Weekly Local Biography

  Lorenz Ferrari

One of the well known figures around Chiang Mai is a man with a name very close to Enzo Ferrari, the founder of the famous motor car firm. However, Chiang Mai resident Lorenz Ferrari went to great pains to assure me that he was in no way related to the eponymous Enzo.

Lorenz was born in Austria in south Tyrol; however, his birthplace is now in Italy, as they shifted the borders, but Lorenz was also quick to point out that he is Austrian and not Italian (like Enzo).

His family were all simple farmers in the wine growing areas of south Tyrol, and it looked as if Lorenz would also end up tending the vines. Lorenz himself had no idea what he should do, but some relatives suggested that the hotel business could suit the young man, because “Hotel people get fat tips!” So the decision was made and Lorenz was sent to Switzerland to become a hotel person waiting for fat tips! “This was the correct decision for two reasons,” said Lorenz. “First I had no clue what I wanted to be and secondly, I was brought up to be obedient.”

There was another reason that was the correct decision, but Lorenz did not know this at the time - he had a repressed travel bug, and the hotel industry allows (and even encourages) travel. After training he went to Vienna, to start at the bottom. “I was a bellboy and I did get fat tips. But tips are not the reason to be in the hotel industry. If all you think about are the tips you will neglect your career,” said Lorenz all schoolmasterly with advice!

Around this time, the large international hotel chains began to enter Europe, and Lorenz could see that by joining one, this could mean travel abroad for a young hotel worker, and his next stop was Vancouver, British Columbia.

The travel bug was not yet satiated, and buying an old VW, he drove 10,000 km to Central America. “This was a trip I had always wanted to make,” said Lorenz. The trip to San Salvador was worth it, as he was offered a job there by another international chain and he took it, staying there for 12 months.

If it were exotic countries that he was after, Lorenz got them! After San Salvador he went to Ghana with the same international chain, where he spent two years, before the travel bug bit again. This time he wanted to see the exotic East. Thoughts of Singapore and Hong Kong filled his head and he duly departed for the Orient.

However, he stopped off at a place that he knew very little of on the way. This destination was called Bangkok. He was offered a job in one of the major hotels there and that was it. “Thailand? I started to fall in love with it.” He never did get to work in Singapore or Hong Kong!

He stayed there in Bangkok for four years, before being lured to Pattaya for the pre-opening of the Orchid Resort for the Ital-Thai Group. From there he was sent all over Thailand to carry out feasibility studies for the company, including one on a property in Chiang Mai called the Rincome, then becoming the Amari Rincome after the addition of 55 new rooms, a coffee shop and the lobby.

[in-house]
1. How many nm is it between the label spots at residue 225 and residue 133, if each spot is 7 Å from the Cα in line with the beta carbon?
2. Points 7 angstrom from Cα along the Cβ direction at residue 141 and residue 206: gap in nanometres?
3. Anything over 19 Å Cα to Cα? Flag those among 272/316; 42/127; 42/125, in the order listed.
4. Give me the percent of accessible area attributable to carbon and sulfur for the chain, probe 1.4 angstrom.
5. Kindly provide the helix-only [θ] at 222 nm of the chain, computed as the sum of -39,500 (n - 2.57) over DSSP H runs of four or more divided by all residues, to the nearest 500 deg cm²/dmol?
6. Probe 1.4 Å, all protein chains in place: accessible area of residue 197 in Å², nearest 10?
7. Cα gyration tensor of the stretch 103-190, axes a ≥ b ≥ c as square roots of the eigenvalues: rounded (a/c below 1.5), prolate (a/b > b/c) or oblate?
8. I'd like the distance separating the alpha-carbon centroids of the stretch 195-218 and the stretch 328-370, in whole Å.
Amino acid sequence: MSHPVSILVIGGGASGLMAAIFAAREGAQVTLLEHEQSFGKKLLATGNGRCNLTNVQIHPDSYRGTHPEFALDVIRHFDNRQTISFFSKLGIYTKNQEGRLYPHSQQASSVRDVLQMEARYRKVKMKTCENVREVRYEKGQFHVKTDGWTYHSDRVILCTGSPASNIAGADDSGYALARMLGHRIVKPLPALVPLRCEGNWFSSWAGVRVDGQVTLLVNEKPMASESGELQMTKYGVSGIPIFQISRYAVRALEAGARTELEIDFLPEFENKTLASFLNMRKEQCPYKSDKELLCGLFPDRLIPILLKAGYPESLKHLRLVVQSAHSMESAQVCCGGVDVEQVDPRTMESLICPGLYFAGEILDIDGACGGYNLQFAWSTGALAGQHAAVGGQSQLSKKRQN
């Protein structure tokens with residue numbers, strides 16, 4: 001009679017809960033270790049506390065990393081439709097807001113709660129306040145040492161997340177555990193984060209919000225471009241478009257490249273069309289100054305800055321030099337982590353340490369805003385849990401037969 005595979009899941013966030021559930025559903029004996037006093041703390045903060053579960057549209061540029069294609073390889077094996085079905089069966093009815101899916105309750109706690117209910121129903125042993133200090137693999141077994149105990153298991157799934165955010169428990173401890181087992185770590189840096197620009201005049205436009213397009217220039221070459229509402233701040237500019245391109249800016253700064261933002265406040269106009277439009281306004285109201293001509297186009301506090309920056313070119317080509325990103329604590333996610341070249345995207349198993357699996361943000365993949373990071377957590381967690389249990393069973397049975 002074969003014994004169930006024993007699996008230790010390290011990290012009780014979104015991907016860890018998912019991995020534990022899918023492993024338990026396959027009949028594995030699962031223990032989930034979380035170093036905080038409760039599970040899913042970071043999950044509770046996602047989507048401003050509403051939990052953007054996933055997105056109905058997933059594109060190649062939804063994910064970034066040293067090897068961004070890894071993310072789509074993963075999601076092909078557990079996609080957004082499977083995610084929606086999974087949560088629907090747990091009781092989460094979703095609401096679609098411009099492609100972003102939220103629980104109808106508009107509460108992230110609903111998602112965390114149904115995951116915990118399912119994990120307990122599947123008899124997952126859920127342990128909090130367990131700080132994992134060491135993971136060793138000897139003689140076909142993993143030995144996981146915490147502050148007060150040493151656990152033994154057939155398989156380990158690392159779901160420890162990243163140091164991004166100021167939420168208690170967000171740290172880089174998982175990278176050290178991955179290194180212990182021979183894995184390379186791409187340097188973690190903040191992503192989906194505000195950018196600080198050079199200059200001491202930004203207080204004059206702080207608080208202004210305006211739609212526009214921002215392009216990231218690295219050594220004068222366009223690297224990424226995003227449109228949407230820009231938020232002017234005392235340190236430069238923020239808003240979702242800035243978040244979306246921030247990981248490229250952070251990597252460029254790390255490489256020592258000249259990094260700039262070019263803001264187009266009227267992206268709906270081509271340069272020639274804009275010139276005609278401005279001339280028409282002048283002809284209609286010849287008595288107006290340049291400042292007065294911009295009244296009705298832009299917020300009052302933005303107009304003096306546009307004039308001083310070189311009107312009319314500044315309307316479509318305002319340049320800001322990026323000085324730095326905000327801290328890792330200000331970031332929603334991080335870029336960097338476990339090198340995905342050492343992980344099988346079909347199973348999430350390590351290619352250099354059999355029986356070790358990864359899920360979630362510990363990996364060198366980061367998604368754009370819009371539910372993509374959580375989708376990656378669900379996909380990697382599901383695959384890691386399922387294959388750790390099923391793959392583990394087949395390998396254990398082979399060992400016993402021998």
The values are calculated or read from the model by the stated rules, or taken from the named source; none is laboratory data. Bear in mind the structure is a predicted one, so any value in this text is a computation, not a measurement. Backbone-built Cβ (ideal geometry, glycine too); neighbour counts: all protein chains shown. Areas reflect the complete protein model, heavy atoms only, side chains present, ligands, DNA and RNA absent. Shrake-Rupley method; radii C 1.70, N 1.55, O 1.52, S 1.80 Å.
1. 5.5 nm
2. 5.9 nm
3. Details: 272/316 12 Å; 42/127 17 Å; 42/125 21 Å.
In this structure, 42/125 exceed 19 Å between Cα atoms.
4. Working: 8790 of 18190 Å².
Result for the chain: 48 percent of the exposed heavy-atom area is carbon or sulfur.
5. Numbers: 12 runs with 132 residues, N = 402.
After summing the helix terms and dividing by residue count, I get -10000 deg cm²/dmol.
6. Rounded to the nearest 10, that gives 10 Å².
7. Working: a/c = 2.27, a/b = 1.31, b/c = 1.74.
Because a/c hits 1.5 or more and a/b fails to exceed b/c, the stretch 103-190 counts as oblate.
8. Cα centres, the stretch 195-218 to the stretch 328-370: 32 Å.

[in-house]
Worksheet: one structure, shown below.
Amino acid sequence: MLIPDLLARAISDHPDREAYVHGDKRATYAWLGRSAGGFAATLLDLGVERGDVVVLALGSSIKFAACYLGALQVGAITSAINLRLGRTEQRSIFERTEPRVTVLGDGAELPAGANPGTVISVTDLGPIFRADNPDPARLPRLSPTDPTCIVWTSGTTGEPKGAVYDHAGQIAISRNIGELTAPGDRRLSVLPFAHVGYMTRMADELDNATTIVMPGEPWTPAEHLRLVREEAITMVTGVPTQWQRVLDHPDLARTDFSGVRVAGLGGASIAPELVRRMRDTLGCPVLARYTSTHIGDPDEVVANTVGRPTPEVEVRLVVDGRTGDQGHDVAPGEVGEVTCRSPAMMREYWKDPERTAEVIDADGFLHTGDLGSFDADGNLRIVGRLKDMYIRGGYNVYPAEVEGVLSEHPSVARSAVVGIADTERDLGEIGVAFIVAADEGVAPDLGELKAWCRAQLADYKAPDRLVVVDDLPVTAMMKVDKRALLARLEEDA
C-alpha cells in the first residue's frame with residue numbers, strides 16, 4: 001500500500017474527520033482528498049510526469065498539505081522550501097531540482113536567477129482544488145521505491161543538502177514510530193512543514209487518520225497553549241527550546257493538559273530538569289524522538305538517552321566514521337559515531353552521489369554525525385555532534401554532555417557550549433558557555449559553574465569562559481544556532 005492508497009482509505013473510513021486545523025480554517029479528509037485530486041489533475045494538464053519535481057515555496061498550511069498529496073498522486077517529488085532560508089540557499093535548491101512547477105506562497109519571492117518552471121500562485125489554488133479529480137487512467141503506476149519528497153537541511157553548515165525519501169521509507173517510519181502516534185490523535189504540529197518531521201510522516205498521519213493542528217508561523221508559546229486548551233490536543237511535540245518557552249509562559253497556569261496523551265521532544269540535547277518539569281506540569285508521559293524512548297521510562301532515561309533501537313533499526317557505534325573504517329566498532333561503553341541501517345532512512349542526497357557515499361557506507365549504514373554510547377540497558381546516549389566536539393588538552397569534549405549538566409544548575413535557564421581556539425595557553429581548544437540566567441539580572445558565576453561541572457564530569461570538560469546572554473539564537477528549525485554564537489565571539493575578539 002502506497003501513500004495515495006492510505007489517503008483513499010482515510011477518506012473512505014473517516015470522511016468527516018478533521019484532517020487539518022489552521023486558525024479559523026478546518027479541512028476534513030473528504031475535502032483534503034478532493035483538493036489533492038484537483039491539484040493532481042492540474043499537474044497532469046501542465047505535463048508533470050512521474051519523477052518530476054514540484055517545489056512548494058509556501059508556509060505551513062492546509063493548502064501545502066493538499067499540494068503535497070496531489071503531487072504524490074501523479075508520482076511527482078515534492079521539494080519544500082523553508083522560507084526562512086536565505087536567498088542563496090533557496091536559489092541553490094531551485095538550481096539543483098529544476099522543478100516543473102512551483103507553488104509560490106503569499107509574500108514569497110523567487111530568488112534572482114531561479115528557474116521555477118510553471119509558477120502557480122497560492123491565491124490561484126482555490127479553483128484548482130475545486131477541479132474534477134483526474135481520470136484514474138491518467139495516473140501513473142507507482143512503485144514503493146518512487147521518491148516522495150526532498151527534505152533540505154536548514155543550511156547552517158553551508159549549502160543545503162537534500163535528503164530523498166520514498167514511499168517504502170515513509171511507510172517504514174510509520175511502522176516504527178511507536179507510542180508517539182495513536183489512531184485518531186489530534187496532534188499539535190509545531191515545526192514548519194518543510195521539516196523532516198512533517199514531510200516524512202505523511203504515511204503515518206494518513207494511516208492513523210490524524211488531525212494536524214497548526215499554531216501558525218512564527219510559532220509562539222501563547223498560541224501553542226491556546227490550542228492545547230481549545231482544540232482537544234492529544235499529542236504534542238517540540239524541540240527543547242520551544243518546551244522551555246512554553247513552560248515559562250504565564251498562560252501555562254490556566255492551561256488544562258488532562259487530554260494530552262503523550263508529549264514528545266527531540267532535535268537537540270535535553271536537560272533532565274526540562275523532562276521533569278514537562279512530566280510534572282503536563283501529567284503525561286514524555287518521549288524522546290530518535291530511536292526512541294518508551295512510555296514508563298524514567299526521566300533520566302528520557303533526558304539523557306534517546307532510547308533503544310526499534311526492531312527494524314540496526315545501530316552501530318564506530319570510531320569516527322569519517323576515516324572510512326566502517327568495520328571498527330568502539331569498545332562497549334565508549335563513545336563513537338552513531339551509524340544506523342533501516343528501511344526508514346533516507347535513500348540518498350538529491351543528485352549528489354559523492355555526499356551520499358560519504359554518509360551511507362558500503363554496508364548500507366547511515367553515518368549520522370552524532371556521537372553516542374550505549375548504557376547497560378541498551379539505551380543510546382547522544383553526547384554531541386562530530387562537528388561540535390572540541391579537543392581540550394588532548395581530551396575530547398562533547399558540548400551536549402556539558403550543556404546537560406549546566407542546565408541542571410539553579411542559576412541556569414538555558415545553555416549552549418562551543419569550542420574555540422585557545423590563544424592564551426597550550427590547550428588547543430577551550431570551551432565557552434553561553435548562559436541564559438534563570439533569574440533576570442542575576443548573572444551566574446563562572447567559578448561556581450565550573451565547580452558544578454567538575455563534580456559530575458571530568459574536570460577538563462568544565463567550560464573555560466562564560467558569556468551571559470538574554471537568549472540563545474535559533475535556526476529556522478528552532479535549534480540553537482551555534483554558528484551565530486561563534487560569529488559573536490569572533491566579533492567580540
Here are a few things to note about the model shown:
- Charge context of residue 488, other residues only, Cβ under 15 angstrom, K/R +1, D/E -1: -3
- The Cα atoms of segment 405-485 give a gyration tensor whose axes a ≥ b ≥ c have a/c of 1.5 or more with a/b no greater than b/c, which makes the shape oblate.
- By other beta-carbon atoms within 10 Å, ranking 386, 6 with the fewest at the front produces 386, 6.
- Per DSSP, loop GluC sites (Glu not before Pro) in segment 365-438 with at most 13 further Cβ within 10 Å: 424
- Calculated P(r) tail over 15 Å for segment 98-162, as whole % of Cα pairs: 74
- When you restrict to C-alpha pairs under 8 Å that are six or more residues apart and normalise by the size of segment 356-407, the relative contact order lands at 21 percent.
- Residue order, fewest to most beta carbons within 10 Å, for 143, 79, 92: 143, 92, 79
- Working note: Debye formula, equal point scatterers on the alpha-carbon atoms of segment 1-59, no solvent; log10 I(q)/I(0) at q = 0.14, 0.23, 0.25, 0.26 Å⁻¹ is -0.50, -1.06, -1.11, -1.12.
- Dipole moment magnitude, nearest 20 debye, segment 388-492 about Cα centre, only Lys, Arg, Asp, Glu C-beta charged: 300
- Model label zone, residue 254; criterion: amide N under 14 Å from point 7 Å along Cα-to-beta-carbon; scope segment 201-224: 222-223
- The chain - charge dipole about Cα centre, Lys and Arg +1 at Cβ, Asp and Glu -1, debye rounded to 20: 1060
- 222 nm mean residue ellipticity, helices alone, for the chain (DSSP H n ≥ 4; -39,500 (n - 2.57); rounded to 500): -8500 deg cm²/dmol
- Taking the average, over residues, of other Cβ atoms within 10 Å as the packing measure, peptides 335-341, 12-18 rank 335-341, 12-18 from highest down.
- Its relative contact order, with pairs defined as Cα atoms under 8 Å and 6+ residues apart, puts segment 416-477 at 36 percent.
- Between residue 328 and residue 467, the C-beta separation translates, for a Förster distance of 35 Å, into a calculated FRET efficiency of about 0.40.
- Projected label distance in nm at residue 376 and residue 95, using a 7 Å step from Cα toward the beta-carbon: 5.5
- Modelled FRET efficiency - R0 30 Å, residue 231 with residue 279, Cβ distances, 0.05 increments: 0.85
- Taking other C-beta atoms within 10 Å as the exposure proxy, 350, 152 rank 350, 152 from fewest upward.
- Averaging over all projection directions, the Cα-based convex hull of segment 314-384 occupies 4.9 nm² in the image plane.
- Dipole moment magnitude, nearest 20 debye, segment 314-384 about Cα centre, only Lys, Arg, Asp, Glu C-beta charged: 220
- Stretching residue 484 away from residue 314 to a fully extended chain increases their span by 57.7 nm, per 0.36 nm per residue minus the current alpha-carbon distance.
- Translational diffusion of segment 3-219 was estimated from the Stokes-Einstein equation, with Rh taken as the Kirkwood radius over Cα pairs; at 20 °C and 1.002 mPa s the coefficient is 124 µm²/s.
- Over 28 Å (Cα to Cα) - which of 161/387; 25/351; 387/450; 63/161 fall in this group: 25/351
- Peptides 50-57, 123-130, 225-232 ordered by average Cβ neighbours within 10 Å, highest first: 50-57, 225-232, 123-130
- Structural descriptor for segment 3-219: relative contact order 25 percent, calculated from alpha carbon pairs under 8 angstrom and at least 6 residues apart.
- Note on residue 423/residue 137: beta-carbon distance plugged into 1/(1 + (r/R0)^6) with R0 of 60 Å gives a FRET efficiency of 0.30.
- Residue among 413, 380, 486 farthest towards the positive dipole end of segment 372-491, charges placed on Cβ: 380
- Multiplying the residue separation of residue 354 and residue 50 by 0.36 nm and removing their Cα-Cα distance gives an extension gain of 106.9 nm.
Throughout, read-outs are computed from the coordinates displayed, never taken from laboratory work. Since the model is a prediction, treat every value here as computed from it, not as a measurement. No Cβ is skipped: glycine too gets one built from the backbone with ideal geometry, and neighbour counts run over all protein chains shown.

That was thirty years ago, and Lorenz began to recount Chiang Mai as it was then. “When I arrived in 1973 we had to come by car. All around the Rincome Hotel were fields. I thought to myself, how am I going to fill this hotel? Chiang Mai had no Night Bazaar, no hi-rise buildings, no condos, no tuk-tuks, only cyclo’s. There was no superhighway or shopping centers, only one department store. There was hardly any traffic and no nightlife. There were two international style hotels, two guest houses and two western style restaurants. No one knew what Chiang Mai was going to be.”

Indeed, no one could have predicted the growth of the northern capital, when the first air services took two and a half hours to link Bangkok and Chiang Mai and there were six telephone lines to Bangkok. “It used to sometimes take all day to telephone Bangkok, and overseas calls could only be made in the Post Office.”

Despite all the problems, Lorenz did manage to fill his hotel, while the fields around it filled with buildings. HM the King would stay in Chiang Mai for a few months every year and Lorenz would welcome all the visiting ambassadors and VIP’s who would come up to pay their respects. “Chiang Mai was a very pleasant place and business was going the right way,” he said.

However, the winds of change were coming. He was receiving offers to go to Bangkok, but he wanted to stay in Chiang Mai. He could also see that the hotel business was changing. As tourist travel became cheaper, mass tourism would change the life for hoteliers. “It wasn’t my idea of the hotel business. I was trained in the times of giving personal service. I didn’t want to be an administrator so I left and opened a restaurant.”

He ran his restaurant (Le Chalet) for 14 years and then decided to take what Lorenz described as, “A well deserved retirement.” In this he could spend more time on his hobby of collecting art and antiques from the region, but he does everything now with a measured tread. “I don’t want to be over ambitious. I don’t want to put myself under pressure to do something. I have achieved what I wanted to do. I am at peace with myself. I have stayed single - I went close (to marrying), but my guardian angel stopped me! I like my freedom.”

However the travel bug is still there, and a trip to Korea is in the offing. And after that? Who knows, but Lorenz Ferrari has not stopped yet!